Along with the recyclables, I put a roll of duct tape and a roll, a roll of clear packing tape, and a roll of masking tape on the table.  And a few pairs of scissors.

Maddy, Owen, and Cora literally sat at the table for an hour or more. And when they finished, they took turns presenting what they created to a small  audience of each other and me.

invention with recyclables

invention with recyclables

Though none will end up taking first place in Invent America! this activity kept their brains moving and creativity flowing.

Maddy created what she set out to be an automatic dog feeder but that morphed into a binocular system of sorts.

invention with recyclables

invention with recyclables

invention with recyclables

invention with recyclables

focus: Creative thinking, fine motor, engineering, critical thinking, speaking, and presenting

Seriously? So fun.

———————————————————————-tabletop surprises flowers

  • Playing with Flowers:  We’ve done this about once a year, and the kids love it. Whenever we have older flowers that are on the outs—ready to be tossed—I let the kids pull them apart.

Because who doesn’t like to have permission to pull petals off of flowers?

On three separate trays, I put a paper plate with several flower stems.  I included a small sheet of Parts of a Flower in case they wanted to accurately identify any of the parts, but they weren’t really into it.

flowers for learn and play

learn and play with flowers

puzzles melissa and doug - 10

I also included a small life cycle of a flower book for Cora that she could color and label as well.

This activity ended up moving from our craft room table to our back porch, and it quickly transitioned from a calm, cool, indoor science lesson into an attempt to make potions and perfume.

puzzles melissa and doug - 14

puzzles melissa and doug - 15

puzzles melissa and doug - 16

Maddy, Owen, and Cora used jars for water and smashed and smushed petals, tiny pieces of stem, grass and dirt.  They added yellow pollen, tiny parts of the flower centers, and every petal they could find.

focus: Sensory discovery, fine motor, creative thinking, free play, science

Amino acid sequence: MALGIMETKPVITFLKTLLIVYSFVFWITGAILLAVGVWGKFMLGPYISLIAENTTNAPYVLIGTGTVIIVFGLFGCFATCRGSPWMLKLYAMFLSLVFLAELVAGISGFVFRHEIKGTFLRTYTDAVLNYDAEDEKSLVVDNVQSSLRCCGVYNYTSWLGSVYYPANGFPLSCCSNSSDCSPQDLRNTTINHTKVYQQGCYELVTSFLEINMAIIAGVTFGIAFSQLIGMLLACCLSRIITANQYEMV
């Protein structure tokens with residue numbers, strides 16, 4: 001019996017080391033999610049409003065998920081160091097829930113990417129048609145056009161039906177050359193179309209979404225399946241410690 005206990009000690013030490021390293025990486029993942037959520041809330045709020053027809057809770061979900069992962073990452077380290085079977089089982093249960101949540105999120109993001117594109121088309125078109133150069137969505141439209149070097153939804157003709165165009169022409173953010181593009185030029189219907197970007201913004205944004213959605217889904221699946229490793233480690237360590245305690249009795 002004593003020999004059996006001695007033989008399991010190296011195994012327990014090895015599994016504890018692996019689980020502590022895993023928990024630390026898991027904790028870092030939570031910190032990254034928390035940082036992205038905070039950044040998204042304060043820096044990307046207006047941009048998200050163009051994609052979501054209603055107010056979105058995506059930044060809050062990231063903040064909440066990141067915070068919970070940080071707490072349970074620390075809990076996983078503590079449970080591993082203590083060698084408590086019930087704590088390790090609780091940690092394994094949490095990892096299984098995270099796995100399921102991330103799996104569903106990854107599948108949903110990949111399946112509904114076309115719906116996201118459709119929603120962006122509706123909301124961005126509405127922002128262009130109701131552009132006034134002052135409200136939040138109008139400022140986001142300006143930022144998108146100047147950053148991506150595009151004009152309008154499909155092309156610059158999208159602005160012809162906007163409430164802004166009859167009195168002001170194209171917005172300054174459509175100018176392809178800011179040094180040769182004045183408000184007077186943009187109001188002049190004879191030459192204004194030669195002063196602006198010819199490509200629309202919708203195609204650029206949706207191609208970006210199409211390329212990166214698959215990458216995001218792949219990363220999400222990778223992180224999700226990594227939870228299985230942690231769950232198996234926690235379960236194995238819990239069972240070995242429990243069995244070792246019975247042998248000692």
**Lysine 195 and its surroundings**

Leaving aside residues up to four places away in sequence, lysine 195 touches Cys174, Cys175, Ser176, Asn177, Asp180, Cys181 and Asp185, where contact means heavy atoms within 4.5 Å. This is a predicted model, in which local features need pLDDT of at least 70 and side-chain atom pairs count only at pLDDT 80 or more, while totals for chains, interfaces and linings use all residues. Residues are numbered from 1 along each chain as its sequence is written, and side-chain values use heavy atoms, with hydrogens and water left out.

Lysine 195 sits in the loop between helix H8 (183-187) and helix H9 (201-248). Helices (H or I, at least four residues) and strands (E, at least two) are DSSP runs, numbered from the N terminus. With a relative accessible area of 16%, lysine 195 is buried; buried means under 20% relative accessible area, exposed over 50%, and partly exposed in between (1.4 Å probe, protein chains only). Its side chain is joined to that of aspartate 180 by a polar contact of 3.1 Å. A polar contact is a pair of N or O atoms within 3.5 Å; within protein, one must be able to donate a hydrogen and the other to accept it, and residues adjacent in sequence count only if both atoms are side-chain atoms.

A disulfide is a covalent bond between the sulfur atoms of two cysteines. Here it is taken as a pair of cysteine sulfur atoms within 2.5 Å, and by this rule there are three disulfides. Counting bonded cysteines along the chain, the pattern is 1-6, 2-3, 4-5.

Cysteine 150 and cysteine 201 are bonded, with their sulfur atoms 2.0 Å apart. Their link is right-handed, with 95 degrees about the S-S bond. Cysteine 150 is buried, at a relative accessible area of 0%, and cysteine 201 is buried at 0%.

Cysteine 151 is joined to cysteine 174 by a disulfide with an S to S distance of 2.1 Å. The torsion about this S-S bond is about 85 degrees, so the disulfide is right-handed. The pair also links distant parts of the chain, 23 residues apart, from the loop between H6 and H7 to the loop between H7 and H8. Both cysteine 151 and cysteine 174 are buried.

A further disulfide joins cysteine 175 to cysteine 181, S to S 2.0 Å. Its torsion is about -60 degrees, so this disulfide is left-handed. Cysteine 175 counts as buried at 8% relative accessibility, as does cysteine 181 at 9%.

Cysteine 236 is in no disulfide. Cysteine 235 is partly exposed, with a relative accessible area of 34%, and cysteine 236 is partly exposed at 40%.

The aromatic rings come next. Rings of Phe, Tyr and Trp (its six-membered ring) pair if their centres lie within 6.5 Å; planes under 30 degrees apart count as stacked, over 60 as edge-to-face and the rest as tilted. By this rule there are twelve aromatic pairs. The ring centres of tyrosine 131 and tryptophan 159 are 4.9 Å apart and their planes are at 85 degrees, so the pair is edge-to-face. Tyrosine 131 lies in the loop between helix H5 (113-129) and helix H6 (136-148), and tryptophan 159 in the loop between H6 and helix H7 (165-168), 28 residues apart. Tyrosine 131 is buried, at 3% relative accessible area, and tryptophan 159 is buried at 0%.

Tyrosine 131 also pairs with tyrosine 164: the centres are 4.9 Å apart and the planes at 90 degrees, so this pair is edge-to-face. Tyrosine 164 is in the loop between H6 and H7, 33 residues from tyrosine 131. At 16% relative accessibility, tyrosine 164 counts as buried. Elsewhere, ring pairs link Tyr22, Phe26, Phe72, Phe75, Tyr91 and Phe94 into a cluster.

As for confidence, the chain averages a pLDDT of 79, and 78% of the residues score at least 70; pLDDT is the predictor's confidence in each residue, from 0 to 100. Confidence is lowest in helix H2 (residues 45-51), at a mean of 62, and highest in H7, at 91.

tabletop surprises day learn to draw

  • Drawing Lessons:  Drawing lessons was not at all my intention today, but I stumbled across the most amazing site packed full of free resources that I had to use them.

In my opinion, this was the coolest thing we did all week.

I literally stumbled across the most amazing site by Donna Young called Donna Young’s printables and resources. On it is such a wealth of resources for at-home learning, it’s nuts.

learn to draw with donna young

drawing lessons with donna young

I put a little note on the table explaining what they needed to do, and I let ’em at it.

Though it’s difficult to sort through it all, I started with about four sheets of Drawing blocks for younger children and several of Drawing Ia.  I wanted it to be engaging without being too tough for them.

They loved it.  A few blank sheets stuck to a clip board, a handful of newly sharpened pencils, and the kids found time throughout the day to sit down, draw, and relax.

We’ll definitely return to this site, as the options seem to be endless.  Though I totally love and appreciate free play, open-space creativity, and free-form drawing, I also love that this gives kids a challenge–replicating lines and shapes and working hand-eye coordination.

focus: fine motor, hand eye coordination


tabletop surprises day floor puzzles

No note needed, I gathered all of our big Melissa & Doug floor puzzles and put them on the table. Many we’ve picked up at yard sales over the years, many were gifted to us, and some we’ve bought ourselves.

puzzles huge and happy floor puzzles

Some, the kids can do with their eyes closed. Others, like the 100- piece and 300-piece puzzles take more time, but they’re willing to work at it.

By the end of the day, our living room floor was carpeted in a huge T-Rex and a bunch of underwater scenes, horses running, presidents, USA maps, the planets, desert, you name it.

focus: fine motor, gross motor, problem-solving


tabletop surprises day story starters

Essentially, Story Starters is a free site that lets users choose a theme and then helps them generate ideas For more on Scholastic Story Starters, check out the quick post I wrote about Story Starters for Scholastic Raise a Reader blog.

story starters computer

story starters computer

The kids really liked using this site, and though they did need support at the beginning, soon they could manage and navigate on their own.